5 August 2015   Leave a comment

Tomorrow will mark the 70th anniversary of the dropping of the atomic bomb on Hiroshima by the US.  That bombing was followed three days later by an atomic bomb dropped on the city of Nagasaki.  Americans believe that these explosions ended the war begun by Japan on 7 December 1941.  That conclusion is far from certain as some analysts believe that it was the threat of Soviet intervention that led to the Japanese surrender (see Tsuyoshi Hasegawa, Racing the Enemy: Stalin, Truman, and the Surrender of Japan, Belknap Press, 2006).  At the time, the bombings were considered just another phase of a bloody war that completely ignored the prohibitions against killing civilians.  We now know that the atomic bombs introduced a completely different level of horror to war.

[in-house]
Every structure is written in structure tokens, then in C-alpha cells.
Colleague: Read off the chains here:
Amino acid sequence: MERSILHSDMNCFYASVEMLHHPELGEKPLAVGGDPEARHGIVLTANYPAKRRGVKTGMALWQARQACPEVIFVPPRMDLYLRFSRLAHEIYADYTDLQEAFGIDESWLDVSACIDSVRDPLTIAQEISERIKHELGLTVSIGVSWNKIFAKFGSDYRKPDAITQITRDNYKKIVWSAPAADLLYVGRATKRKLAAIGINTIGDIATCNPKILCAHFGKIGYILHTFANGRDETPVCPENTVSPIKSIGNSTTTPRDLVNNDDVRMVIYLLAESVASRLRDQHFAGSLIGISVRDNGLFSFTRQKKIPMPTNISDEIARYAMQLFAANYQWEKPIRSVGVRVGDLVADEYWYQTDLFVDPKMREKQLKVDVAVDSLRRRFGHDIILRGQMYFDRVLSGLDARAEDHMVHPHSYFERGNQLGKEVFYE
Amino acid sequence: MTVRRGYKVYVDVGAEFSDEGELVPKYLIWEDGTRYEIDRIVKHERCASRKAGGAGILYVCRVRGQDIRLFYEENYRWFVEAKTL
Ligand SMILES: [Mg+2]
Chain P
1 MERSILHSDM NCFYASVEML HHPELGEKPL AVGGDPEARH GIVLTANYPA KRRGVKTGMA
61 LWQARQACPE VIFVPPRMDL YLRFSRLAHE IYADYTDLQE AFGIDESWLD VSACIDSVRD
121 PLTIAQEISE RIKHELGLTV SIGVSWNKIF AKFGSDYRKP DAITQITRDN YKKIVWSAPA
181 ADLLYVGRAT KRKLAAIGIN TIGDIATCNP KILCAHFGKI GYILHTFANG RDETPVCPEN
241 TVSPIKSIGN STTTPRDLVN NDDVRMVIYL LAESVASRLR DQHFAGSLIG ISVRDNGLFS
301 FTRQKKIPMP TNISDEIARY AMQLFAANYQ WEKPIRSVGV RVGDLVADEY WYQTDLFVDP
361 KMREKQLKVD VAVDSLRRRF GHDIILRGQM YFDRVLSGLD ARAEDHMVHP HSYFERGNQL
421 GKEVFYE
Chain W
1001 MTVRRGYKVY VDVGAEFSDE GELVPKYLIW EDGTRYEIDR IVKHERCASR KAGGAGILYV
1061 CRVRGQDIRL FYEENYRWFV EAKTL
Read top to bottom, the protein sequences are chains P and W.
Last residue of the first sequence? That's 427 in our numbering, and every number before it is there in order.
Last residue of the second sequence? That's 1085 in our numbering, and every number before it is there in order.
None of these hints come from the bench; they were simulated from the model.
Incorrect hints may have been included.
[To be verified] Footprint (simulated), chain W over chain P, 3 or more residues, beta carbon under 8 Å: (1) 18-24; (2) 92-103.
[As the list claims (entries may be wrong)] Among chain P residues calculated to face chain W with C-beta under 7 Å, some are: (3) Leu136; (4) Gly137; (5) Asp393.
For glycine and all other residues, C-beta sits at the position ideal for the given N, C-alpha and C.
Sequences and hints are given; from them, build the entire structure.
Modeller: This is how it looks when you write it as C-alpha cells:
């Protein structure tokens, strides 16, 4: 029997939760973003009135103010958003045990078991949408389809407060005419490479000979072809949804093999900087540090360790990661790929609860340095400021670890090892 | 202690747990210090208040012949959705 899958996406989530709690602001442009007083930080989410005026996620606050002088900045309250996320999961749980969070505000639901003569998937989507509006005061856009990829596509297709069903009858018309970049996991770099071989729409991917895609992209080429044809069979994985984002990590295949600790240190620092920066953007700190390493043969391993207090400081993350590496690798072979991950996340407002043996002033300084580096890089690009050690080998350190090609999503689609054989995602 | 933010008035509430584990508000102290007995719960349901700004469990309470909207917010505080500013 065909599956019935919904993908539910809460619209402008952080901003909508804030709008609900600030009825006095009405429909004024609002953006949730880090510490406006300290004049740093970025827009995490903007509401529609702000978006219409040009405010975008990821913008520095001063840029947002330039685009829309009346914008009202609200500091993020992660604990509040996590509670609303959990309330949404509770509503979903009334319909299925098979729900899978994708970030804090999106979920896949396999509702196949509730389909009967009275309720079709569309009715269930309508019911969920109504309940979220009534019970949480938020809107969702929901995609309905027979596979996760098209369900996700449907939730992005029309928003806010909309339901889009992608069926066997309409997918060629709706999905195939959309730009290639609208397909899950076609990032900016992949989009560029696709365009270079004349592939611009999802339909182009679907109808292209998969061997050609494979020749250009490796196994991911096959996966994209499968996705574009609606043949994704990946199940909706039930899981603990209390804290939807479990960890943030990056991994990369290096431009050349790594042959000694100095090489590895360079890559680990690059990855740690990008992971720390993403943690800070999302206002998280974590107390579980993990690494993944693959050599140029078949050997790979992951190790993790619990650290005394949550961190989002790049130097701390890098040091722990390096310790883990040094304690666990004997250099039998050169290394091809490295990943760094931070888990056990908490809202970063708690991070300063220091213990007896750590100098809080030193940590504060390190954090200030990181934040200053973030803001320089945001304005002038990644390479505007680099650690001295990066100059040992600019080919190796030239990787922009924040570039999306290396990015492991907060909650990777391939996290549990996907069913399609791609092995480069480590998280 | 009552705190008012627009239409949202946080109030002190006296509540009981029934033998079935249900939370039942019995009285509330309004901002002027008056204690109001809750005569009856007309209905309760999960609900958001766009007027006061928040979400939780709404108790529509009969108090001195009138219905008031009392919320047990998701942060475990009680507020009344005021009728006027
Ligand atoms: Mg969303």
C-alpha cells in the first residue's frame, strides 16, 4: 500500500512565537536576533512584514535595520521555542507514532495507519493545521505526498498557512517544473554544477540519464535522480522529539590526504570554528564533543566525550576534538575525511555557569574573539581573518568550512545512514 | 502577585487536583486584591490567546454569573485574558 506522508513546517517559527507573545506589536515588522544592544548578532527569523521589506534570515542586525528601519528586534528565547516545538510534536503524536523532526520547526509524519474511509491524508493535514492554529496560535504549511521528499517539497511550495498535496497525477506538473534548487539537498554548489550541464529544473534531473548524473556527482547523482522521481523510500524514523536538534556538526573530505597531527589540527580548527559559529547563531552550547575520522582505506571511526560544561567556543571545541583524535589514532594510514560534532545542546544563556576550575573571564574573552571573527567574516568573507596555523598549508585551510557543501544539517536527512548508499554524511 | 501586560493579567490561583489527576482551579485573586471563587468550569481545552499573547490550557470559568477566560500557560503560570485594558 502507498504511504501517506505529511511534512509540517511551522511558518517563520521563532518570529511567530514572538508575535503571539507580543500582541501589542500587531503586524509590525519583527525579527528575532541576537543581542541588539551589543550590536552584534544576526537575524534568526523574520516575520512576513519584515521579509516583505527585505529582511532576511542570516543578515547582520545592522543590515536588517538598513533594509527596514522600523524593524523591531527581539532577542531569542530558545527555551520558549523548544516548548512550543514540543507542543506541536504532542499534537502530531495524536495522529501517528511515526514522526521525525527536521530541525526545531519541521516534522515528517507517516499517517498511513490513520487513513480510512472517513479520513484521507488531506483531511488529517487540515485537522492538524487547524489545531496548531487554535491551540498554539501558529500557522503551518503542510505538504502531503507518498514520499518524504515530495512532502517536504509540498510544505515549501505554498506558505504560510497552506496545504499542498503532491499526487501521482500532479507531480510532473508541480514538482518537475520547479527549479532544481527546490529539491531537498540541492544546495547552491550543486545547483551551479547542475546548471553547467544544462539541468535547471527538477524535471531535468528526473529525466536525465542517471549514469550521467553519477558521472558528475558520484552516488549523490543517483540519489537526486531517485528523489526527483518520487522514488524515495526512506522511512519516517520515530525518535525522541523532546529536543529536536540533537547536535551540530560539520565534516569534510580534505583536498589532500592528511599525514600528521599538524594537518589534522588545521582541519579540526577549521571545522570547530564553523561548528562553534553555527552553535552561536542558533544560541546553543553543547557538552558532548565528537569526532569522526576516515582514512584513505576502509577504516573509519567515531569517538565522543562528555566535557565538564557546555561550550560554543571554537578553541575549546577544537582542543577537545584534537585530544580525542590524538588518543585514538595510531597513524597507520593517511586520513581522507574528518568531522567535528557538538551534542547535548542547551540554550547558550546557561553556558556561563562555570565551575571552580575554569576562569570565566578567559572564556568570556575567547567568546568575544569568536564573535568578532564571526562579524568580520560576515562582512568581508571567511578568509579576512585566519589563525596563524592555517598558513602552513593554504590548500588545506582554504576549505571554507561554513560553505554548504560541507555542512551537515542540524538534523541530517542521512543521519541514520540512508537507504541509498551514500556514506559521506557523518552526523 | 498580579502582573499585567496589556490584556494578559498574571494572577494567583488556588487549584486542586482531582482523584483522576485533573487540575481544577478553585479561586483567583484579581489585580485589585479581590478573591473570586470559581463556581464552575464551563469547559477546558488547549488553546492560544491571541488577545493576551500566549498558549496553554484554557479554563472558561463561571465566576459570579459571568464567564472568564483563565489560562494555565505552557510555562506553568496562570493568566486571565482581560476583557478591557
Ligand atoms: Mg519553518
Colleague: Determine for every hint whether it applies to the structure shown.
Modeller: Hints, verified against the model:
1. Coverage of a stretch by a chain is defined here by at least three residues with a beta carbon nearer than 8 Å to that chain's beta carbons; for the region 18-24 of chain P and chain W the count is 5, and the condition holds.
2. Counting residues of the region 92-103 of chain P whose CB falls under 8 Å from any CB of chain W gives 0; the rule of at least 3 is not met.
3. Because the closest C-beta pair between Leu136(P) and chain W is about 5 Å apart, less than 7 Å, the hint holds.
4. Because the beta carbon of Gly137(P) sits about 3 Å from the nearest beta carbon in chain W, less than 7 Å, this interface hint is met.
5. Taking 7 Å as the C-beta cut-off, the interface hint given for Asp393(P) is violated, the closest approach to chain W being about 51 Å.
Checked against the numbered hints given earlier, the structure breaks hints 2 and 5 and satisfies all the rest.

The analysis of the changing balance of power in Asia has mostly focused on the US-China naval competition.  However, that framework ignores the growing cooperation between India, Japan, and Australia–three countries which, for different reasons, have kept a relatively low naval profile.  That profile is rapidly changing, and these three rising powers changes the power configurations quite dramatically.  The difficulty comes in trying to assess how cooperative these countries will be with each other.

If one is a supporter of liberal thought, here are some things to worry about:

Freedom is taking a real hit in the world.


Posted August 5, 2015 by vferraro1971 in World Politics

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